Event: Free Online Panel on Education and the Climate Crisis, 05 November, 11:00 GMT

Erica Fudge's picture

Every child in every country is owed the teaching of natural history, to be introduced to the awe and wonder of the natural world, to appreciate how it contributes to our lives. Establishing the natural world within educational policy would contribute to countering the shifting baseline, whereby we progressively redefine ourselves as inhabitants of an emptying world and believe that what we see is how it is and how it will continue to be.
From The Economics of Biodiversity The Dasgupta Review (2021)

Timed to coincide with ‘Youth’ day at COP26, happening down the road from the University of Strathclyde in Glasgow, this free online event will take place at 11.00 GMT on 5 November. It takes up the challenge laid down by Caroline Lucas MP when she stated: ‘We won’t protect what we don’t love and we won’t love what we don’t know,’ and will look at the important role that our education system has in preparing young people for the future.

Speakers from a range of different perspectives will address how our young people are currently being prepared to live in an ‘emptying world’, what new developments in education might look like, and how they might open up new productive pathways that offer future generations the potential to know, love and sustain the world they live in.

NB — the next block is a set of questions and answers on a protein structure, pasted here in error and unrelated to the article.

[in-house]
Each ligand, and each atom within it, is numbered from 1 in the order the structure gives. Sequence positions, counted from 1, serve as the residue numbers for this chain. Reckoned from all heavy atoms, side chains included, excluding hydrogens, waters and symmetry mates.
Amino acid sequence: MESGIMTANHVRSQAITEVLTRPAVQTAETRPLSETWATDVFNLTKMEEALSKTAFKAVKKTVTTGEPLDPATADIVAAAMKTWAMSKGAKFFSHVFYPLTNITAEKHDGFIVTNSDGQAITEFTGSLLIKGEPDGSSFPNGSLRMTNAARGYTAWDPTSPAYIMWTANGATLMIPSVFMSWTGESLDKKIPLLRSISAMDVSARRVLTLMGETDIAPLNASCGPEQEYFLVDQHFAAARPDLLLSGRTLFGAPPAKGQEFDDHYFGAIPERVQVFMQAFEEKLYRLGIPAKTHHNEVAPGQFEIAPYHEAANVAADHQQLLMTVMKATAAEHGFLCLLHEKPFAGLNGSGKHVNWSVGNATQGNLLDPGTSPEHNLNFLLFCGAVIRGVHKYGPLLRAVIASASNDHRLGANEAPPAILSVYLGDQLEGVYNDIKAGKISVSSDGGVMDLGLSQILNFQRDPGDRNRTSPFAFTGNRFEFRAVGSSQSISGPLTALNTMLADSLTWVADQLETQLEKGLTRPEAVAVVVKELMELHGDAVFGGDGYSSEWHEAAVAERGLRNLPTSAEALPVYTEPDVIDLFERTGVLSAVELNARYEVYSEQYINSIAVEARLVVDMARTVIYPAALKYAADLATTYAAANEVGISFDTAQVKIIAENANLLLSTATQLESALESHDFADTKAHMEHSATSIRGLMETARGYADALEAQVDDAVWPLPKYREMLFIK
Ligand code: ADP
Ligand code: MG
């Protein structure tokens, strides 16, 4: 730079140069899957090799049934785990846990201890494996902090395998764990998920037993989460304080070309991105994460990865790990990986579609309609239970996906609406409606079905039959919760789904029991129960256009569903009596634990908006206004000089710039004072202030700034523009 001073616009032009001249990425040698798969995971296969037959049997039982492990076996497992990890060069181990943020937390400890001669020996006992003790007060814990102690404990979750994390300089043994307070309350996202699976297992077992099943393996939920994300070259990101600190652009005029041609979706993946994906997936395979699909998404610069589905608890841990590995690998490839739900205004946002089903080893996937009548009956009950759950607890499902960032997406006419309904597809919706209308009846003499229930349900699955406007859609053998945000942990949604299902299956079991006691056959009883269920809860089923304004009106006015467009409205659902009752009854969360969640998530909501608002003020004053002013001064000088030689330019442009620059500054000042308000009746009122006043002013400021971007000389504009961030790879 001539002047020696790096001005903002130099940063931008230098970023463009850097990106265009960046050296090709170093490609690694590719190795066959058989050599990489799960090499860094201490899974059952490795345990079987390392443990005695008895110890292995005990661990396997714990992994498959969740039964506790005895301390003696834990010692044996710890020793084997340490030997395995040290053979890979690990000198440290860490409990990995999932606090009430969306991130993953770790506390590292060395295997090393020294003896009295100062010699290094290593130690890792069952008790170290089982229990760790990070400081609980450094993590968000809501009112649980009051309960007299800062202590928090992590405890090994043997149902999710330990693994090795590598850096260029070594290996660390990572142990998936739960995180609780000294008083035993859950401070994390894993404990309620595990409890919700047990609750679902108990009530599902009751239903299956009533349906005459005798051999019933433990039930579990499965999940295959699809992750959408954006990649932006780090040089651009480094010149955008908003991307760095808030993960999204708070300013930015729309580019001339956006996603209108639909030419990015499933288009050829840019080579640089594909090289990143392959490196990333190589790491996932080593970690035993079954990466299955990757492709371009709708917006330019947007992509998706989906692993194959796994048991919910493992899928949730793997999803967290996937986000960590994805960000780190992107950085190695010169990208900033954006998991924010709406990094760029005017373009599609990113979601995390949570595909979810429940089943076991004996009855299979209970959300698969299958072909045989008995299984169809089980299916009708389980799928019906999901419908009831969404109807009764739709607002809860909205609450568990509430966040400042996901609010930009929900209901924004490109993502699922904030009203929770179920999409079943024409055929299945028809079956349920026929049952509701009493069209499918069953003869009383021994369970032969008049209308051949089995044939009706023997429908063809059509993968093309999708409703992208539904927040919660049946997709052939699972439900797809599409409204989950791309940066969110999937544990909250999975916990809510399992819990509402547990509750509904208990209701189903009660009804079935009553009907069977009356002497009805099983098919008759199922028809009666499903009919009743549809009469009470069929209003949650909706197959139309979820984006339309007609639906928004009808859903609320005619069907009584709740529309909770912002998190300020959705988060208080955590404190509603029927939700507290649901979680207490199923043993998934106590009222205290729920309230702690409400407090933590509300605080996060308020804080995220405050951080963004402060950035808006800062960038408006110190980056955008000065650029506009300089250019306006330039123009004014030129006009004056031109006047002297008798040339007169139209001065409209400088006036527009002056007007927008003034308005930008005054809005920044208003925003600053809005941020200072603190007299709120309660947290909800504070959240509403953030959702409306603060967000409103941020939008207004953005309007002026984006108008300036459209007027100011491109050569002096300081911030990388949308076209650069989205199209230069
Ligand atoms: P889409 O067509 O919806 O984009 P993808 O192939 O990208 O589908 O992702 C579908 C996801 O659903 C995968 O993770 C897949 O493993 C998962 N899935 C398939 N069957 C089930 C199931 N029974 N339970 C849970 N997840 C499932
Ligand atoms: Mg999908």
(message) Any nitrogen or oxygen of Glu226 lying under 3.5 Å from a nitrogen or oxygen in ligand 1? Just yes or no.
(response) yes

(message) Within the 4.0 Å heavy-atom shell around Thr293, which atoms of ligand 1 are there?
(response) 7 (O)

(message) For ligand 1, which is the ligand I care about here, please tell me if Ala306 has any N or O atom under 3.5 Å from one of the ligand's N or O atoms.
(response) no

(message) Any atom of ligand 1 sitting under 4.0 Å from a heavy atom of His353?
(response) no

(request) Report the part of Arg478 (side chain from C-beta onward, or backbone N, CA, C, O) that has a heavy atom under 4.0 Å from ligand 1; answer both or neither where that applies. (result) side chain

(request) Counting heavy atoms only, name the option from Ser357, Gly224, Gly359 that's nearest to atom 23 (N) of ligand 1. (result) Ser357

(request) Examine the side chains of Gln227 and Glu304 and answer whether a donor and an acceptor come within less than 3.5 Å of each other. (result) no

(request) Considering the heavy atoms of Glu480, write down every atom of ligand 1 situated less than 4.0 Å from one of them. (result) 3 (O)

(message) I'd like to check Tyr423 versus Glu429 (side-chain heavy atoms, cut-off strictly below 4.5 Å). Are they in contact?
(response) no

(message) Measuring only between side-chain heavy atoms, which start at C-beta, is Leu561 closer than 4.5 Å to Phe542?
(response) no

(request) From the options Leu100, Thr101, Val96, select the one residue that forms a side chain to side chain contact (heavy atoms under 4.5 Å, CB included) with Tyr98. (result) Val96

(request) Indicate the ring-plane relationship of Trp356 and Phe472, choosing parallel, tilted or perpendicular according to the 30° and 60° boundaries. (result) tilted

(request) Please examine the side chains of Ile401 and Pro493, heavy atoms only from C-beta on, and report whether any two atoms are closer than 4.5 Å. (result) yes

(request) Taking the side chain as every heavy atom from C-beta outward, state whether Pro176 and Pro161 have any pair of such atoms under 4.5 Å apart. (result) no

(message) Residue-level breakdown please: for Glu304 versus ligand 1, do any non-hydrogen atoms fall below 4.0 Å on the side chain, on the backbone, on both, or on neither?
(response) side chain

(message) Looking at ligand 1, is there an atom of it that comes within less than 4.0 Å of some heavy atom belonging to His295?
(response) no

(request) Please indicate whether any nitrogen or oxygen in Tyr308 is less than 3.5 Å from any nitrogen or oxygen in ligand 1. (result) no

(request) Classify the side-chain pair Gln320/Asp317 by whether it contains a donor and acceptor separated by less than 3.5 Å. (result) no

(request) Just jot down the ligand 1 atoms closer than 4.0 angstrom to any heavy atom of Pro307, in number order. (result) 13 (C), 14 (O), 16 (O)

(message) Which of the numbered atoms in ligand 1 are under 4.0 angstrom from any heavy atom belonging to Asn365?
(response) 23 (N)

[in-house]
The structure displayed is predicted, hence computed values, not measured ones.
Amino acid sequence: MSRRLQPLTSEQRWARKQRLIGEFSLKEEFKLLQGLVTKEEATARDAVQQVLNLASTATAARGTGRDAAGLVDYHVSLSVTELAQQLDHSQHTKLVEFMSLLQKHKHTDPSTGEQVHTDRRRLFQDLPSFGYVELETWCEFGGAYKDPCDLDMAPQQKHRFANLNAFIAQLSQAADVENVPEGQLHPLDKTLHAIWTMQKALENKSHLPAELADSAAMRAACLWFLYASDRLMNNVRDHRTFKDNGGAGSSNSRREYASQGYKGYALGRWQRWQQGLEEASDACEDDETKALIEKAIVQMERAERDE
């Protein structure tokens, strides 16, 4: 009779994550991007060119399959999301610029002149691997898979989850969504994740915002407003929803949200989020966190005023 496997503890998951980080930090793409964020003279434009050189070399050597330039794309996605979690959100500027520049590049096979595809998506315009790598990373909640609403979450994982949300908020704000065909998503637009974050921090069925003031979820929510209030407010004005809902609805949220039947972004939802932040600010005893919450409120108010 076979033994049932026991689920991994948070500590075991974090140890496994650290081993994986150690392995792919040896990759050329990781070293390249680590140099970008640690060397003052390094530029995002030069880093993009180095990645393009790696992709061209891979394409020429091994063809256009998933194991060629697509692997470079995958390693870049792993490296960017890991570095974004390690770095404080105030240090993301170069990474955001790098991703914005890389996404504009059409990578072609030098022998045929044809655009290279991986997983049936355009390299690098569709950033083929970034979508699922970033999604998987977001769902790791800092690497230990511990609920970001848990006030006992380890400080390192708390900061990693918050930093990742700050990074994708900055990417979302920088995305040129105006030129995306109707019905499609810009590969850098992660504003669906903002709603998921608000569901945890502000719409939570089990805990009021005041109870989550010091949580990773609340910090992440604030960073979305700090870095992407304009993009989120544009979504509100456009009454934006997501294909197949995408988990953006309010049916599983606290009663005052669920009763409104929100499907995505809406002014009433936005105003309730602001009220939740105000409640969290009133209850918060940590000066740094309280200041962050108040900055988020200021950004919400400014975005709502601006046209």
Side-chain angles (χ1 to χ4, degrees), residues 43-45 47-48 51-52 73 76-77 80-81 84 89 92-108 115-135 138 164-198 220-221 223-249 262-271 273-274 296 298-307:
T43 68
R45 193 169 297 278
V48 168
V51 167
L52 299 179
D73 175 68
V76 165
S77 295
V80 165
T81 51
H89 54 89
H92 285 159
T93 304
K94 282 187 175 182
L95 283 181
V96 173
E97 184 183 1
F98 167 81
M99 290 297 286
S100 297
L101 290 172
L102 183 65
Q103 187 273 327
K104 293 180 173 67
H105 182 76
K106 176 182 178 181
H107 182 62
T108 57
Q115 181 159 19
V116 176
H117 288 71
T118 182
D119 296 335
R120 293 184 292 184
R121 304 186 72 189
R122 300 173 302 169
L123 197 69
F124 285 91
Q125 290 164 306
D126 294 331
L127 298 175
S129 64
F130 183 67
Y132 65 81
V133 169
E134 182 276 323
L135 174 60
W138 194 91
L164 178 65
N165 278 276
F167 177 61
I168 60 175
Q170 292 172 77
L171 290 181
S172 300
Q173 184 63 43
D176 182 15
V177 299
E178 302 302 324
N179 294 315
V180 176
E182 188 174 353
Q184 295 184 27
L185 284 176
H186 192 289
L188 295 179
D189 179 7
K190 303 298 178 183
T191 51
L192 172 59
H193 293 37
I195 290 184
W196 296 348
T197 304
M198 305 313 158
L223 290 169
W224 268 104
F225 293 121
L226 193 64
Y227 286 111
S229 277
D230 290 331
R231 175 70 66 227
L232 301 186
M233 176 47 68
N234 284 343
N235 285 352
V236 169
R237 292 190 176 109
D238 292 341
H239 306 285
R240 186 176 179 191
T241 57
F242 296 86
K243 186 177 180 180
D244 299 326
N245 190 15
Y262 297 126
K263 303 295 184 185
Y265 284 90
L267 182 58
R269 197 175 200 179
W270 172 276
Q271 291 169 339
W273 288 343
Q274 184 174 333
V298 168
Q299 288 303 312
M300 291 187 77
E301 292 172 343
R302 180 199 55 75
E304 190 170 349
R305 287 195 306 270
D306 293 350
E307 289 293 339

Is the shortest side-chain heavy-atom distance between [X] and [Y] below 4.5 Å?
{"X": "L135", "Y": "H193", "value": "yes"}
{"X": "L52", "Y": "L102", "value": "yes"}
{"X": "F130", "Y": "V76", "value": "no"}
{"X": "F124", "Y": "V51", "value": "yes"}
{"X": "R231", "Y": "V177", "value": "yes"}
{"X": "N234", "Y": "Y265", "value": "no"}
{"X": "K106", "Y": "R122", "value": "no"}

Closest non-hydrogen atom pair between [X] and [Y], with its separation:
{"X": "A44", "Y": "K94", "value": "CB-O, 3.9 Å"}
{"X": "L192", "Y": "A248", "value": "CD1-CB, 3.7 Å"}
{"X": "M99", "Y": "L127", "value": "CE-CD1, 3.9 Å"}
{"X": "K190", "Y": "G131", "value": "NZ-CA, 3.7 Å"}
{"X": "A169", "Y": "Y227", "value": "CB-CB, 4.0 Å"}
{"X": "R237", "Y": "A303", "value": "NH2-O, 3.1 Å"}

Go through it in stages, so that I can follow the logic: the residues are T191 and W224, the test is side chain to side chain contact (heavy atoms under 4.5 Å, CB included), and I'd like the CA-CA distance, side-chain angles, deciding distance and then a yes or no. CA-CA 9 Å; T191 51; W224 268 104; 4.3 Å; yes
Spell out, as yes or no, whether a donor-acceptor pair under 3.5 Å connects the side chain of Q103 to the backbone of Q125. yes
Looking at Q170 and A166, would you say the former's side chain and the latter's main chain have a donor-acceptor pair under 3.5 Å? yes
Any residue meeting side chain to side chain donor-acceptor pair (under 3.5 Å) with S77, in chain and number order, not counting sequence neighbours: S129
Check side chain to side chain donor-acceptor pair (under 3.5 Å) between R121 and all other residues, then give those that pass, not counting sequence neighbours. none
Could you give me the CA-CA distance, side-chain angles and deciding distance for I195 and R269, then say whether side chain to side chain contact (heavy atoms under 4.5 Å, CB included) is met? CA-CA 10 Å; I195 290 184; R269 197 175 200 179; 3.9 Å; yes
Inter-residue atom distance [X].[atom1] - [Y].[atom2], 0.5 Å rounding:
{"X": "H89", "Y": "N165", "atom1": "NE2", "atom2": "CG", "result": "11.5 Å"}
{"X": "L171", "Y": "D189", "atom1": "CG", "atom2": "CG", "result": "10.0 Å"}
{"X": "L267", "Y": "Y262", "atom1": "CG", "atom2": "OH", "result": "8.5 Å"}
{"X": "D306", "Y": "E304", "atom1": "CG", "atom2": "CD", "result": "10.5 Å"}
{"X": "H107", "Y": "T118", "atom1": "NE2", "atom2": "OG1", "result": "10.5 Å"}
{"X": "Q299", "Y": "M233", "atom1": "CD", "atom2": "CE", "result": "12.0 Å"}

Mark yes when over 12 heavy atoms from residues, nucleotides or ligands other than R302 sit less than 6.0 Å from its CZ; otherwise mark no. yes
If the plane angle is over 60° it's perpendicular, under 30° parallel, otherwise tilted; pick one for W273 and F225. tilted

As well as the activist and writer Mary Colwell who, with Caroline Lucas MP, has spearheaded the creation of a GCSE in Natural History in England, and Ross Greer MSP, Scottish Greens Spokesperson for International Development and External Affairs, Education and Skills, and Culture and Media, speakers will include:

  • Sue Pope, Head of Service: Science, Mathematics and Core Skills at the Scottish Qualifications Authority;
  • Donna Clark, subject implementation manager for Environmental Science at the Scottish Qualifications Authority;
  • Christina Berry, veterinary parasitologist and teacher;
  • Nicole Cumming, PhD student, University of Strathclyde and University of Glasgow

The session will also include a reading by the poet and educator Susan Richardson whose 2018 collection, Words the Turtle Taught Me, emerged from her residency with the Marine Conservation Society, and was shortlisted for the Poetry Society’s Ted Hughes Award.

The meeting will be introduced and chaired by Erica Fudge, Professor in the School of Humanities at the University of Strathclyde, and director of the British Animal Studies Network.

Time will be set aside for questions from the audience.

Please sign up FOR FREE here

Erica Fudge